Rosati, a research hydraulic engineer in CHL’s Coastal Processes Branch, is a recognized national and international expert in coastal engineering who leads multi-disciplinary ERDC and federal agency teams. Rosati provides expertise on coastal inlet navigation, adjacent beaches, barrier islands and resilience of integrated coastal systems. 

Rosati’s portfolio is extensive and includes approximately $3.4 million annually in funding for customers, including the North Atlantic Division and several of its districts.

As the team lead of nine principal investigators, she conducts basic research to characterize long-term coastal inlet and adjacent beach morphologic evolution, which has improved methods to dredge and place sand for regional sediment management. 

Rosati is well-published in peer-reviewed journals.  In 2013, she, along with her Coastal Inlet Navigation team, produced 28 publications, including five journal articles.  She serves as the Science and Technology team lead for the Director, Board of American Shore and Beach Preservation Association (ASBPA).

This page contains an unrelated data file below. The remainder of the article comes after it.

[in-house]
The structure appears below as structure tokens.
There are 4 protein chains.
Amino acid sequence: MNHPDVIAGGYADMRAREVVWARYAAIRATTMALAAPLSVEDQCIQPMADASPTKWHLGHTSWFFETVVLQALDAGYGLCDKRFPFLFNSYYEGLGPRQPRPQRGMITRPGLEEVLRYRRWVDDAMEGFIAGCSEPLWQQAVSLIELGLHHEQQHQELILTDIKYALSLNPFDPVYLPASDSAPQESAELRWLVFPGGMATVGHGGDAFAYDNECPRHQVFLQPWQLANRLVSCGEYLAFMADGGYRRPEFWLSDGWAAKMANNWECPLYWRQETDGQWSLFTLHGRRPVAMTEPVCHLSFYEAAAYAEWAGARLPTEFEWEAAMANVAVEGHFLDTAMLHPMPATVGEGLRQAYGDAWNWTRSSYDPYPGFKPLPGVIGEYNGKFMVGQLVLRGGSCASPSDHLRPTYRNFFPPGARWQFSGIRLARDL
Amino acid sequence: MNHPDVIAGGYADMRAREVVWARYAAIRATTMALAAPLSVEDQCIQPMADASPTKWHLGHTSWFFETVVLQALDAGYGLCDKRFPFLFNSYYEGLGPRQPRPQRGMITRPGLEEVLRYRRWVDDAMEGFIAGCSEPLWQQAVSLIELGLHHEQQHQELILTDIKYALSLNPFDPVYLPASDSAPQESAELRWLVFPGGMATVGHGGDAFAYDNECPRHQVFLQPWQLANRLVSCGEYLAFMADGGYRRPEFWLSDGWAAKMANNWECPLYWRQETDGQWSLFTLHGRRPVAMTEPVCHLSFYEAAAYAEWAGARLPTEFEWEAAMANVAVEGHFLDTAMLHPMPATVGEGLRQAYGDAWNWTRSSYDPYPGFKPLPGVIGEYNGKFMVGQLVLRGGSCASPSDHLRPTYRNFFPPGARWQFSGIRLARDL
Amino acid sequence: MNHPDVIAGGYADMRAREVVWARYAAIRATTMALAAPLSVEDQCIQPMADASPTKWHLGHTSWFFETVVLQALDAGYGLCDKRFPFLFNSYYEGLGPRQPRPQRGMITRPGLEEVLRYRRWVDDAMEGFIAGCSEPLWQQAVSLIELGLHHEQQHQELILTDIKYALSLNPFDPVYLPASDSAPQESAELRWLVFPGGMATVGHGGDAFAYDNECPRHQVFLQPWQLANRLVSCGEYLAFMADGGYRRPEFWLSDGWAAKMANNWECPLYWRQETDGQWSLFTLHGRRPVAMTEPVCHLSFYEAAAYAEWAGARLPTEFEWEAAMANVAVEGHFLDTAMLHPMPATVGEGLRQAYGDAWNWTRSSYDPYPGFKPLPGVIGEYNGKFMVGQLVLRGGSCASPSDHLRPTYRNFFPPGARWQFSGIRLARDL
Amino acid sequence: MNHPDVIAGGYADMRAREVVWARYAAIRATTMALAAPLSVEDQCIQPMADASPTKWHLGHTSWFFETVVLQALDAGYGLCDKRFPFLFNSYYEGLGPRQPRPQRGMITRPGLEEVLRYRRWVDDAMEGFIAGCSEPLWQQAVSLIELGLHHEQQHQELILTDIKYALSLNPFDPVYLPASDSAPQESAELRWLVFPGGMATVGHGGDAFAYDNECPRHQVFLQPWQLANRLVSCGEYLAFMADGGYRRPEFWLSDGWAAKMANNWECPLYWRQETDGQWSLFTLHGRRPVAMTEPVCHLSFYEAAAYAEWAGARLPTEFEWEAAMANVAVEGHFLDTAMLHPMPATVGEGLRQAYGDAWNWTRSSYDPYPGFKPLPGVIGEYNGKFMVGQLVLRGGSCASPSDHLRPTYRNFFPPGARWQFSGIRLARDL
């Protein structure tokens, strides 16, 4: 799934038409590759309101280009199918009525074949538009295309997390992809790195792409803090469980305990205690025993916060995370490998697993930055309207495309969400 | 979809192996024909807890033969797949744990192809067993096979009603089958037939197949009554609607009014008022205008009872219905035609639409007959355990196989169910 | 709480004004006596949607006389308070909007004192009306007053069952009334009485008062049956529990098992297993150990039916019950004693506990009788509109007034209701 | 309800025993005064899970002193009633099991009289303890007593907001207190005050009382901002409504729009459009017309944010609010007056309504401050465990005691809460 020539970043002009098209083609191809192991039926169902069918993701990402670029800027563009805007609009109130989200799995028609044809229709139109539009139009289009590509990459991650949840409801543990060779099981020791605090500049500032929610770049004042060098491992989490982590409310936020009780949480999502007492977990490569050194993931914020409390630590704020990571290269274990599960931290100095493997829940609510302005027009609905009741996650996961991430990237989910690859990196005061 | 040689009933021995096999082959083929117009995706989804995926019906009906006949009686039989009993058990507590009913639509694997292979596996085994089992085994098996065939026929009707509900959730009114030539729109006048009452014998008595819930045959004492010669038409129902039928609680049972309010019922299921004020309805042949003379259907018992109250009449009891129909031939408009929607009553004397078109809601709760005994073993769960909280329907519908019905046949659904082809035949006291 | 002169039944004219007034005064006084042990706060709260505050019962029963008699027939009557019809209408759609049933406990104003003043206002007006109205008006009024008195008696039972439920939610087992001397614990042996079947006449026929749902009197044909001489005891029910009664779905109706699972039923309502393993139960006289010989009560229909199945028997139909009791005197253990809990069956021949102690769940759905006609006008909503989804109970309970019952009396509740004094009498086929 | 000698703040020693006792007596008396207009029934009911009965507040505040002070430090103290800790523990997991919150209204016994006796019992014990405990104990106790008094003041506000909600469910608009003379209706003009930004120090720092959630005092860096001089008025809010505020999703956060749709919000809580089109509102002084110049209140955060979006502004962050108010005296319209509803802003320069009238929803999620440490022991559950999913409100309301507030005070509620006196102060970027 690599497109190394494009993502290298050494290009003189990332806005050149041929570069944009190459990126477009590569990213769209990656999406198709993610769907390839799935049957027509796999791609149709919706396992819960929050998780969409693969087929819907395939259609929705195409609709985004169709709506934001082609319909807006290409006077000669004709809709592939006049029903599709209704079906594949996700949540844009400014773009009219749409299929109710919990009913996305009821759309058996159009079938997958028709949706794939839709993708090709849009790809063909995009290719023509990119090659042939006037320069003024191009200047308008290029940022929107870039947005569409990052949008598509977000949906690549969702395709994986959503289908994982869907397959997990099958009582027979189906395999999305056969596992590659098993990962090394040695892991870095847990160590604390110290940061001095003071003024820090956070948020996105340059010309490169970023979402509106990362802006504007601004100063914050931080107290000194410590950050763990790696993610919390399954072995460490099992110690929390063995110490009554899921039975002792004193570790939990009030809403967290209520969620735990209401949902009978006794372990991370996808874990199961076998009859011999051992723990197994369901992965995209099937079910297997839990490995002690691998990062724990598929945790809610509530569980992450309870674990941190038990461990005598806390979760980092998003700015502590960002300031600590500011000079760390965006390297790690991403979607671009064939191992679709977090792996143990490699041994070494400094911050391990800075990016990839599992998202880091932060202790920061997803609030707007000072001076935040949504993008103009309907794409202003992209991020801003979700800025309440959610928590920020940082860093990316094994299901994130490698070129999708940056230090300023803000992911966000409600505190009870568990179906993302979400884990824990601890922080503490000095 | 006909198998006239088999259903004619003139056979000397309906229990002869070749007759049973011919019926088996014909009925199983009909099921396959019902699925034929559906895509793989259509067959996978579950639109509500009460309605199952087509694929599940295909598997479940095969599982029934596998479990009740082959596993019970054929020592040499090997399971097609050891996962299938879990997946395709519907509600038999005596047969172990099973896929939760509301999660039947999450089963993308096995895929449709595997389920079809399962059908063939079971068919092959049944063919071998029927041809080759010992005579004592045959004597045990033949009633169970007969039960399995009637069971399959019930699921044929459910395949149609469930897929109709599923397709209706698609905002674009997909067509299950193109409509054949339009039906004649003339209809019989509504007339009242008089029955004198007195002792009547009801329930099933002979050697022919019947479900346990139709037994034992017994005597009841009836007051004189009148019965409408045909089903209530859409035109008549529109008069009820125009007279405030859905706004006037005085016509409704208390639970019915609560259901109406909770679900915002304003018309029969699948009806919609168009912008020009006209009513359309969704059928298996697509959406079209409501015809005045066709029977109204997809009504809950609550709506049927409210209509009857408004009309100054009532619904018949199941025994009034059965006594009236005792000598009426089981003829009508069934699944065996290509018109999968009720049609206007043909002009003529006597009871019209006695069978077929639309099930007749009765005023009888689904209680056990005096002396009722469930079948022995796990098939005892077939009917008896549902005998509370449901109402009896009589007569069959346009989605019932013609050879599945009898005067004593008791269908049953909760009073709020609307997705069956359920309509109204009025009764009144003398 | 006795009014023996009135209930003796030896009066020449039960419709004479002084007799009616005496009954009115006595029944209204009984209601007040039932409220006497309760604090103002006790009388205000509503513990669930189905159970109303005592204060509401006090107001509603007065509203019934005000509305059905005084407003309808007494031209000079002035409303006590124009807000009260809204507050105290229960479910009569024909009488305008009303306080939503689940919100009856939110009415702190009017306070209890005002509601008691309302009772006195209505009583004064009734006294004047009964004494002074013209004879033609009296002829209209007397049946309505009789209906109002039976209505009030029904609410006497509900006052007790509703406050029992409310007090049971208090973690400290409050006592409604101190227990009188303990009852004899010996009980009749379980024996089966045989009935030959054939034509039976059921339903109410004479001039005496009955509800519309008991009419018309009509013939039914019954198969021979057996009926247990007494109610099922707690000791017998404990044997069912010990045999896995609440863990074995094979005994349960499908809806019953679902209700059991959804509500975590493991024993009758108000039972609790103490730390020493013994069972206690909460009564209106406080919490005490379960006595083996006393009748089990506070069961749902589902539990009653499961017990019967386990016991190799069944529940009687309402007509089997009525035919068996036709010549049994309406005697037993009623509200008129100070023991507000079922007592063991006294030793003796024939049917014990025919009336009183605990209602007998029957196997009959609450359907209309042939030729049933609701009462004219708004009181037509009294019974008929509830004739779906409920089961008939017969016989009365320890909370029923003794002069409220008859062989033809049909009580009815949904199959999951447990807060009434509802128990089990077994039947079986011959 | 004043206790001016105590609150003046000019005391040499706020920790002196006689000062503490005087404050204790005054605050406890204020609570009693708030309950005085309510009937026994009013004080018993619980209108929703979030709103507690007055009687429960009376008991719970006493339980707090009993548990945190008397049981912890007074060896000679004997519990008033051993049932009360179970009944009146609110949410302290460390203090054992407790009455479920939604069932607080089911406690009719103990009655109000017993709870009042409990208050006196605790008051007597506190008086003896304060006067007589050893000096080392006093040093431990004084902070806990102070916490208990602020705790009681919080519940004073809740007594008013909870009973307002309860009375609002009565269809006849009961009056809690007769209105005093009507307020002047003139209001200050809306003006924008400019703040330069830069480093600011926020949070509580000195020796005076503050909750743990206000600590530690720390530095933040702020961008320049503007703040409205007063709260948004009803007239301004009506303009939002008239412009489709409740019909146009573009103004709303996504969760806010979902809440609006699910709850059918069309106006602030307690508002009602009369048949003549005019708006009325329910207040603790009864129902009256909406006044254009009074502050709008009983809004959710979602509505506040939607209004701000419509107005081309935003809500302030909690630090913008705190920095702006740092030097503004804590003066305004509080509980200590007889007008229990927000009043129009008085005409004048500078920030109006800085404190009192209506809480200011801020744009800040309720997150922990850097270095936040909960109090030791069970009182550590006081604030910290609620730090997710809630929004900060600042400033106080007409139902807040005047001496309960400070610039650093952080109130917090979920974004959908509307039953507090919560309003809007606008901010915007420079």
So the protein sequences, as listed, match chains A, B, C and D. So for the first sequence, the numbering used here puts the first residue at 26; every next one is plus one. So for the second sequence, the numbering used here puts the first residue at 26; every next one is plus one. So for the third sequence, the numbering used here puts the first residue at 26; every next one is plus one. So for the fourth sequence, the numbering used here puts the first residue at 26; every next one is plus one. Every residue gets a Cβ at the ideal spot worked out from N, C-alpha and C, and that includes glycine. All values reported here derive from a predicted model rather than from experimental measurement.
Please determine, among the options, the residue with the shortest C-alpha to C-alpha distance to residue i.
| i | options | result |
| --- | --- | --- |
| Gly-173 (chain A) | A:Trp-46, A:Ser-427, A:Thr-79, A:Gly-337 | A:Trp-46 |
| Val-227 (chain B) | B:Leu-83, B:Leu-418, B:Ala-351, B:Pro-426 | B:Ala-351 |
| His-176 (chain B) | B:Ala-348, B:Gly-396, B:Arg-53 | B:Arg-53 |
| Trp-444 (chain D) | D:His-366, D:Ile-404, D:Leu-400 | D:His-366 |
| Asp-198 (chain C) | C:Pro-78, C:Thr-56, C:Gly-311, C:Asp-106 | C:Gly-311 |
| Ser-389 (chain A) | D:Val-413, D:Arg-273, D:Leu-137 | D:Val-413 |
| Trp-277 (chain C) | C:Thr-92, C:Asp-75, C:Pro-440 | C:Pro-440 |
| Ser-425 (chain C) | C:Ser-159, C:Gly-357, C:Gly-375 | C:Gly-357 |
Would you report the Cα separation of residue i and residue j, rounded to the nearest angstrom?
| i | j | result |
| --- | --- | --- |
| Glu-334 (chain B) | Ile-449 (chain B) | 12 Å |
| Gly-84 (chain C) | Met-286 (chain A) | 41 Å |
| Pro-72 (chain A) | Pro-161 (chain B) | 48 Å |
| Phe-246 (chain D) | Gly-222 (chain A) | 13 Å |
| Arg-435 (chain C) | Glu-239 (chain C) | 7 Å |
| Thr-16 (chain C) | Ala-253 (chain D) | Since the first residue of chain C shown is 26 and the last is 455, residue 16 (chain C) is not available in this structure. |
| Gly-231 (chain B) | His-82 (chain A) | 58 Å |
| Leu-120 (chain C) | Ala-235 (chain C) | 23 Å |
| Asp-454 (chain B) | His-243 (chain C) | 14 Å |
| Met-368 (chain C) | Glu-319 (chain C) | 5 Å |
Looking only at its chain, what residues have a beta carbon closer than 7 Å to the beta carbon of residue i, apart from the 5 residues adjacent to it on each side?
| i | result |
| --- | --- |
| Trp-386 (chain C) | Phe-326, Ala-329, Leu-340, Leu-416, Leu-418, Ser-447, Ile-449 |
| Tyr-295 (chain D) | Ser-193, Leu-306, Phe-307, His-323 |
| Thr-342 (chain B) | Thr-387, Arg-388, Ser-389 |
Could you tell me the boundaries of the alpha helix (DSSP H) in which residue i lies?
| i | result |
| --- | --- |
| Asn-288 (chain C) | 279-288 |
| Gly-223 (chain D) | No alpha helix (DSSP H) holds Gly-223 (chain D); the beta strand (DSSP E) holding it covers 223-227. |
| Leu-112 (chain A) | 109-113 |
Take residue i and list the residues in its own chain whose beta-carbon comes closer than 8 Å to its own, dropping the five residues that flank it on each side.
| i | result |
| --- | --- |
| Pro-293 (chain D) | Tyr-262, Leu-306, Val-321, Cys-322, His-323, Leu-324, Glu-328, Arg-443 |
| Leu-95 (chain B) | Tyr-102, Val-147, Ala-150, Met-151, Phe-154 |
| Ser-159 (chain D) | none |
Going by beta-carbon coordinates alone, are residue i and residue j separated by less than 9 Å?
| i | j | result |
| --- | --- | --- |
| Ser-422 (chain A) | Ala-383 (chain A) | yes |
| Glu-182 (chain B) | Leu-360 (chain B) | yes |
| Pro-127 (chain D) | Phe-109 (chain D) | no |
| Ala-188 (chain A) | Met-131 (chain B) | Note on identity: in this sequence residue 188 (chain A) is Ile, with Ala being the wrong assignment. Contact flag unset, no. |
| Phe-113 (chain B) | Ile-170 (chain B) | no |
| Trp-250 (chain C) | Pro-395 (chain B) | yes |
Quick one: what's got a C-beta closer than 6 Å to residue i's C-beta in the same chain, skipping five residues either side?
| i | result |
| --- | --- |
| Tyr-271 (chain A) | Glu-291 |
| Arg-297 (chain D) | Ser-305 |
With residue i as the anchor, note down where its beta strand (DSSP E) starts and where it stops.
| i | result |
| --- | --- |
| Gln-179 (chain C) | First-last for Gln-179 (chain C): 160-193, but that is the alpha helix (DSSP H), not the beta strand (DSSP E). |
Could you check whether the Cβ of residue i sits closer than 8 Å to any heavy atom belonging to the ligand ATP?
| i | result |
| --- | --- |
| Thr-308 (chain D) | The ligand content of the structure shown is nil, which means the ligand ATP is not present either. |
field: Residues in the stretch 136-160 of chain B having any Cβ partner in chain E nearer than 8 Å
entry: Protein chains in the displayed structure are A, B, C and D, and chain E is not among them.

An ERDC employee since 1981, one of Rosati’s achievements is the development of a seminal numerical model calculating long-term (10s to 100s of years) evolution of sandy barrier islands that overlie a compressible substrate such as occurs in deltaic and estuarine environments.  She also co-developed a new methodology, the Sediment Budget Analysis System (SBAS).  SBAS facilitates a systematic, uniform approach to developing and presenting a sediment budget, incorporating uncertainty, for local and regional systems.

She was the 2013 recipient of the ASBPA Presidential Award. 

Rosati earned a bachelor’s from Northwestern University, a master’s from Mississippi State University and a doctorate from Louisiana State University.  She is a registered professional engineer.

“I am honored and humbled to have been promoted and greatly appreciate the support, encouragement and opportunities for advancement that my colleagues and ERDC have provided me,” said Rosati.